City council meeting highlights coyote problem in Kent

Story by: Chelsey Milkovich and Martin Harp

Video by: Jenson Strock

The March 18 City Council meeting highlighted the coyote problem in Kent, as well as favored motions concerning road construction work, creating an online city checkbook viewer, and pursuing and researching sidewalk snow removal alternatives for the future.

James Alekna, resident of Forrest Lake in Kent brought the coyote problem of Shady Lakes to the Council’s attention.

“The coyote presence around Shady Lakes is extremely prevalent,” Alekna said, after spotting the coyote’s take down a deer. “We are concerned for the pets of the city as well as the people of the city. This is a problem that should be taken care of before it gets out of hand.”

Alekna pointed out that a neighbor of his called the city, but there was no response.

(From left to right) Mayor Fiala, Wayne Wilson, Jack Amrhein and Garret Ferrara review ordinances discussed on March 4, 2015.

“My research tells me that the Ohio State Extension Office addresses that coyotes quickly return after a removal program. Once they’ve got an area staked out, the size of the pack will determine if they come back because they are very territorial,” Alekna said.

Diane Bennett, resident of Shady Lakes Drive, said the deer taken down was located in her next door neighbors yard.

“The deer is currently decaying at this point,” Bennett said. “I called the police department and they said there is nothing they can do about it.”

Bennett also went on to express concern over the coyotes refusal to be intimidated by residents attempting to scare them off of their property.

“Our biggest concern is that these coyotes are not afraid of people,” Bennett said. “I watched my next door neighbor walk outside with a baseball bat in his hand, yelling and screaming, because he saw two coyotes in the backyard and the coyotes were not at all interested.”

Bennett said she has seen the coyotes many different times of the day, from 6 a.m. to 10 p.m.

“We definitely have a problem, and although we have all made the decision to live next to a wild life preserve, the property that the coyotes are currently running in is Kent parks property,” Bennett said. “So I think that the city needs to take this problem a little more serious.”

Linda Nickson of Shady Lakes Drive is concerned for the small pets and children in the area.

“One of my neighbors watched a coyote follow his child up the street on the way to the school bus,” Nickson said. “That’s an extremely frightening thing for all of us to have to live with.”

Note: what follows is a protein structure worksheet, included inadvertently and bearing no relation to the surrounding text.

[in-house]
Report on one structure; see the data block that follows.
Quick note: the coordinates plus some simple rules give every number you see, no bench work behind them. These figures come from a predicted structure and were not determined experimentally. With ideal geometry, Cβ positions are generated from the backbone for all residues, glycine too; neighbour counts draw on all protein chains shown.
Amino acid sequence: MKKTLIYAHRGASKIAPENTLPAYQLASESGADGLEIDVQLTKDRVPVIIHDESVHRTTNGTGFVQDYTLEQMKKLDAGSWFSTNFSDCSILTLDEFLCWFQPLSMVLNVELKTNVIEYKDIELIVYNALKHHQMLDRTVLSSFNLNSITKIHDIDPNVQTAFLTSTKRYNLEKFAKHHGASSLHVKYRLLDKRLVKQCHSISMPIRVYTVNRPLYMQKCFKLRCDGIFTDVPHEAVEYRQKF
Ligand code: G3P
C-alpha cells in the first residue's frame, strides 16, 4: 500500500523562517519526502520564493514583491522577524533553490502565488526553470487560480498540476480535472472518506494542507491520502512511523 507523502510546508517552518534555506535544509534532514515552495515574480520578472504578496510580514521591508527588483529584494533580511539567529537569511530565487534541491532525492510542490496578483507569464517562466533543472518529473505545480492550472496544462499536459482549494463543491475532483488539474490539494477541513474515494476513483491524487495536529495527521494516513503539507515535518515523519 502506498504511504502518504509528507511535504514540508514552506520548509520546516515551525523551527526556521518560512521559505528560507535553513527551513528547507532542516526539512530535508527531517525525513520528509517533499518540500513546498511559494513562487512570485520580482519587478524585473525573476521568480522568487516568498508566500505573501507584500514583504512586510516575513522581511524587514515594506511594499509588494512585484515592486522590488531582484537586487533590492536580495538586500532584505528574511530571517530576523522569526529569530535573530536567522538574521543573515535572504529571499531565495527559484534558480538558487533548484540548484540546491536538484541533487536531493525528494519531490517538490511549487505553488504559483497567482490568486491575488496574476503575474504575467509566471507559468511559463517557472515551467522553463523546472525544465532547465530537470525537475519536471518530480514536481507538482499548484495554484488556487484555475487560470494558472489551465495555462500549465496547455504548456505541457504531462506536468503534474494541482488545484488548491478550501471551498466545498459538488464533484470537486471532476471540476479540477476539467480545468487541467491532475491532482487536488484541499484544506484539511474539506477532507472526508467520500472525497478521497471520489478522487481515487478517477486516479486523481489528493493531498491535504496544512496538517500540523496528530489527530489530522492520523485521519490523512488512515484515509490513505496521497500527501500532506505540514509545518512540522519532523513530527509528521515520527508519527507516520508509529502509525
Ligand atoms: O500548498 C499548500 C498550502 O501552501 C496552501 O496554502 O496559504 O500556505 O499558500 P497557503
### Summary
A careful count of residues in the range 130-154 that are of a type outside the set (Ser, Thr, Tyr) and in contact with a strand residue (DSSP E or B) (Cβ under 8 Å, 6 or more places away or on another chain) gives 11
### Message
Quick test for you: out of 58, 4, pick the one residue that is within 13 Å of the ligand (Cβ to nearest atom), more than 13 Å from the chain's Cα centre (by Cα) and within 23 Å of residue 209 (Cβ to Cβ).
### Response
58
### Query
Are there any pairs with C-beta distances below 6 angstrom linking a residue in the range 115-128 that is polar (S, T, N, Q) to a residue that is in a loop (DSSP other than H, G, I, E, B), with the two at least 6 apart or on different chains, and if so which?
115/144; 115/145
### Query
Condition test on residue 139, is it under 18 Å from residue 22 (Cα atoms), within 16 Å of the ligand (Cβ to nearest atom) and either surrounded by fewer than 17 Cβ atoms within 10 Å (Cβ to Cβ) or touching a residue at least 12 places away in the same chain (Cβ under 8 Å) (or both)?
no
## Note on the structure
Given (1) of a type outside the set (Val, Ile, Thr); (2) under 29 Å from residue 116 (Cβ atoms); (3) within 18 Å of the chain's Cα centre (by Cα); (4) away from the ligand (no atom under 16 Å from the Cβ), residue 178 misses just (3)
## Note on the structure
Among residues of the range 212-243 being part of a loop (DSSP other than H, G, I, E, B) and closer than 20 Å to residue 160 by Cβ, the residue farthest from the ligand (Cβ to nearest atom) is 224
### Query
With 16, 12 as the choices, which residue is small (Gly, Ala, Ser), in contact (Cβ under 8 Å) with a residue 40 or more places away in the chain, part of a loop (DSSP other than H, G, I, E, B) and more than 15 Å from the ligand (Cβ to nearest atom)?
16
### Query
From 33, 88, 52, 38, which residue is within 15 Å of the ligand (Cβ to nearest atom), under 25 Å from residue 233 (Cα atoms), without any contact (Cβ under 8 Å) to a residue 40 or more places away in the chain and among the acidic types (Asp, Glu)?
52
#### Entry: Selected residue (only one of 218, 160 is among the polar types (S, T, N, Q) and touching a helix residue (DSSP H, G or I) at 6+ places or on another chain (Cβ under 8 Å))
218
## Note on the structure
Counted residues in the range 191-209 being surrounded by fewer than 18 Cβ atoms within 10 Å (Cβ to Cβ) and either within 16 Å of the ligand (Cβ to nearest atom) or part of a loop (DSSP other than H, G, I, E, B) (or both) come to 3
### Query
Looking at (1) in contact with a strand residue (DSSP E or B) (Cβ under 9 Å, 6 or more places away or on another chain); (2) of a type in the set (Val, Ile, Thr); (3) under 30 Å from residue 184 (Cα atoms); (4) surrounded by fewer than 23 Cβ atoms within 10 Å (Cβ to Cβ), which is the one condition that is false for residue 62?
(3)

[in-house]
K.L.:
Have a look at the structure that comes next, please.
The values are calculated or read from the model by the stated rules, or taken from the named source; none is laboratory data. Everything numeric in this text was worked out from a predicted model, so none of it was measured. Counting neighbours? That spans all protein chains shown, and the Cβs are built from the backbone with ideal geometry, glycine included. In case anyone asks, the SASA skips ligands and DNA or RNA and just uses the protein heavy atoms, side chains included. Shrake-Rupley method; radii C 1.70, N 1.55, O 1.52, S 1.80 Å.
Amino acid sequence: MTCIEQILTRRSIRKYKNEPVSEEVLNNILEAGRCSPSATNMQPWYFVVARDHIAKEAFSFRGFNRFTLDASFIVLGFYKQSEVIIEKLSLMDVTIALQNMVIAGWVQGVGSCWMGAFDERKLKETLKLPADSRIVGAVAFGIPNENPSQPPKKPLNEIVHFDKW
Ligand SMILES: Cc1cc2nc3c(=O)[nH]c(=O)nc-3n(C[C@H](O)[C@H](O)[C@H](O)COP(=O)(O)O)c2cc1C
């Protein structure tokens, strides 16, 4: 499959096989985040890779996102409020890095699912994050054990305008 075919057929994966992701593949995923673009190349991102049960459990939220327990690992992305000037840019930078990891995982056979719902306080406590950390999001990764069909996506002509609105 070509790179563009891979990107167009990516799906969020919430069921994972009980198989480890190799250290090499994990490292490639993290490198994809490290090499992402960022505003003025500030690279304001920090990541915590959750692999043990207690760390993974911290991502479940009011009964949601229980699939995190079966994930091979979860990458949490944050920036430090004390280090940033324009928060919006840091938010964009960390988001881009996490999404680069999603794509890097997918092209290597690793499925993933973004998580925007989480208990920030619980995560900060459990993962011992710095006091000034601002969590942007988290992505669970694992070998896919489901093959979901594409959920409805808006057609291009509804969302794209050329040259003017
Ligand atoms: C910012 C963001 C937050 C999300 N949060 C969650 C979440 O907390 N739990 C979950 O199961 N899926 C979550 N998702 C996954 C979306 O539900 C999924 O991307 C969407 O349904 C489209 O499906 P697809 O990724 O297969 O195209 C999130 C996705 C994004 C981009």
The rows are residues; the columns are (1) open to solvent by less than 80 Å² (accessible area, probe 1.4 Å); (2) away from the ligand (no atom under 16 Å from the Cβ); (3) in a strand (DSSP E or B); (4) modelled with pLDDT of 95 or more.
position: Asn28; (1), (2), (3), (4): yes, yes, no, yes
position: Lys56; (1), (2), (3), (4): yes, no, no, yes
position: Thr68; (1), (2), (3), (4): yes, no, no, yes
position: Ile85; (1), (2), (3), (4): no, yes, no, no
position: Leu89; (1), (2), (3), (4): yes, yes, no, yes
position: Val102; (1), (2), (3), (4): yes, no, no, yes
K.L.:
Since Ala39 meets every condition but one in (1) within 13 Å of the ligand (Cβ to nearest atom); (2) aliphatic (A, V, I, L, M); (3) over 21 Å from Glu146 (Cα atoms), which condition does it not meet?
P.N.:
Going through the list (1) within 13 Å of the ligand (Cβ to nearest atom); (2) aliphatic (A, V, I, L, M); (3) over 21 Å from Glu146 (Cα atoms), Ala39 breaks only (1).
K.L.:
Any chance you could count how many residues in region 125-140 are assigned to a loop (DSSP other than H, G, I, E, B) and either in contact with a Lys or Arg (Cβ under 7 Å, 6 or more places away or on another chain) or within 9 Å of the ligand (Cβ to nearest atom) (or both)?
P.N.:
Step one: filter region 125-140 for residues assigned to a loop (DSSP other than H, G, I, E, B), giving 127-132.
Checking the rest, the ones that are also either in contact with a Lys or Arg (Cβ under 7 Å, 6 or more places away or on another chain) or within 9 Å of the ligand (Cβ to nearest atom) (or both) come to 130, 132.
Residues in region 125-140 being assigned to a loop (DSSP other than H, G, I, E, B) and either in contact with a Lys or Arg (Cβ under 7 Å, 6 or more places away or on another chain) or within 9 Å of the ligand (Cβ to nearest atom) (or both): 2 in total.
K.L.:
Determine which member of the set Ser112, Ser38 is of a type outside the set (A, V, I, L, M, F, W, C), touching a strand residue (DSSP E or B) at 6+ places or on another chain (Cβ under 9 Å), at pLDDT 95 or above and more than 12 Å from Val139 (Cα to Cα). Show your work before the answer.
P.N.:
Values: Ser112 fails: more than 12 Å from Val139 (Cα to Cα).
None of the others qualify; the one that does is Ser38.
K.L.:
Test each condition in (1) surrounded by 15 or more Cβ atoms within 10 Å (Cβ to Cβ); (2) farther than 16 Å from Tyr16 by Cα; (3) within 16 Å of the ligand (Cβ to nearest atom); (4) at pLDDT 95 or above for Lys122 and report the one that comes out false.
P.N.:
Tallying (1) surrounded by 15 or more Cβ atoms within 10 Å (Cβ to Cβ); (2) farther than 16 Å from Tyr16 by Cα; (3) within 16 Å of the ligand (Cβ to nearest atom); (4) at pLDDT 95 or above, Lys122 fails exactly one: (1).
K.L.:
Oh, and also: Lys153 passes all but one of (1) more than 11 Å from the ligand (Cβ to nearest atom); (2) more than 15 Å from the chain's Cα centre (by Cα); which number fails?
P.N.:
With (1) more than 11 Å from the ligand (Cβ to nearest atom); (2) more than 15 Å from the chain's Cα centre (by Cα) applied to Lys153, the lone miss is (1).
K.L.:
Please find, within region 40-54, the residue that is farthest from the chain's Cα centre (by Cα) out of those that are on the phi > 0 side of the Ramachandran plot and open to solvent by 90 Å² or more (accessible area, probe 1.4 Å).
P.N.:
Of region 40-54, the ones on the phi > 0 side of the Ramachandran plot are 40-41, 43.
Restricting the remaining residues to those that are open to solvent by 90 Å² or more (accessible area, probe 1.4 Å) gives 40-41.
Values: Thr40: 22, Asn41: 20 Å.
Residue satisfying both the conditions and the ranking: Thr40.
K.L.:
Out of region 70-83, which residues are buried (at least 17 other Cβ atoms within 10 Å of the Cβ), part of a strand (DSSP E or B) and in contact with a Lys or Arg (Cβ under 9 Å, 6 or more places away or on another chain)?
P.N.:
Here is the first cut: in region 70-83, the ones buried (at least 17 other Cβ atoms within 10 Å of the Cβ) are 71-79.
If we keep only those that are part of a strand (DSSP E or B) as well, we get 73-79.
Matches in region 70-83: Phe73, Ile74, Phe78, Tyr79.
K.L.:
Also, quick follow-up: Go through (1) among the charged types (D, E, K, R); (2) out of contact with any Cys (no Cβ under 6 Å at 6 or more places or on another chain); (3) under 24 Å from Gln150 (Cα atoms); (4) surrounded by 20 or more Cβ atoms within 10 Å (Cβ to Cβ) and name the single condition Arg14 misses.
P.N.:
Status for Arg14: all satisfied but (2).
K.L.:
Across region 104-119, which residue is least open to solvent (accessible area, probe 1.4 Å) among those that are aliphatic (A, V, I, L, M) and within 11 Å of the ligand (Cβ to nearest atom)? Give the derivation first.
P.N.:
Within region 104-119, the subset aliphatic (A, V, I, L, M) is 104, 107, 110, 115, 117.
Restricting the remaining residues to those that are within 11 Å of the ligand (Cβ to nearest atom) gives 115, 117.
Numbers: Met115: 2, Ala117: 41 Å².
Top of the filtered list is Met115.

One of Nickson’s biggest concerns is what will happen when the weather begins to change and the coyote population begins to increase.

Kent community in attendance reviews ordinances discussed on March 4, 2015.

“My greatest concern is that we will be hitting spring time,” Nickson said. “Now we are going to be talking about additional coyotes, and that’s just going to increase the size of the packs. It’s a safety concern.”

Council-at-Large Michael A. DeLeone, lives on Fairchild near the water tower and said he sees coyotes around that area as well.

“It’s more than just a problem in the Shady Lakes area, they’re all over the place,” DeLeone said.

Jack Amrhein, Council of Ward 2 of Kent ended the discussion stating he would get in touch with the Home Owners Association as soon as possible.

Ward 3 Council Wayne A. Wilson requested to make a motion that the administration identify any extra dollars they may have and put it towards road repair.

“I don’t know if anyone’s been driving around,” Wilson said. “But we need a lot of work and a lot of extra money.”

Heidi Shaffer, Ward 5 Council seconded that motion, stating the city of Kent is filled with “car eating” potholes.

Garrett M. Ferrera, Ward 1 Council requested a second motion at the meeting, asking the State Auditor’s office about putting the Kent, Ohio checkbook online. Ferrera said is where citizens can find the expenses made by the state, created by the State Auditors.

“This would give anyone and everyone the change to look and see any check that was written by the state. I think in the spirit of transparency and full disclosure, this is something that we could do easily,” Ferrera said. “I think it would be great for the community.”

Council-at-Large Roger Sidoti said the motion would be great to let the public know what goes on in the terms of what money is spent and where.

(From left to right) Melissa Long, Roger Sidoti, Michael DeLeone, Tracy Wallach and Heidi Shaffer review ordinances discussed on March 4, 2015.

“A lot of the times we look at our spreadsheets and our budgets and I think a lot of people don’t realize how much it takes and the things that we have to purchase to sustain what we are doing right now.” Sidoti said. “I think the motion is an example of that. We are looking for extra dollars, and those dollars have to come from a budget. Our community would appreciate that; being able to see exactly where those dollars are going from the budget.”

Shaffer issued a fourth motion to look into Ravenna’s sidewalk plowing program, seeking a better way to tackle the sidewalks next winter.

“It’s been a horrible winter for pedestrians,” Shaffer said. “Even though it seems to be Spring is in the air now, we had snow cover for 67 days. Who’s to say next winter is not going to be the same or worse? This creates a hardship for pedestrians. We need to start looking at some alternatives by checking with Ravenna to see how they go about doing what they do – what the cost is. We need to look at what other towns do.”

Amrhein favored the motion. “I can’t tell you how many times I saw young students, college students and older people walking in the street because there was no place to walk on the sidewalk. I’m not sure what we can do, but I think we owe it to them to look into it.”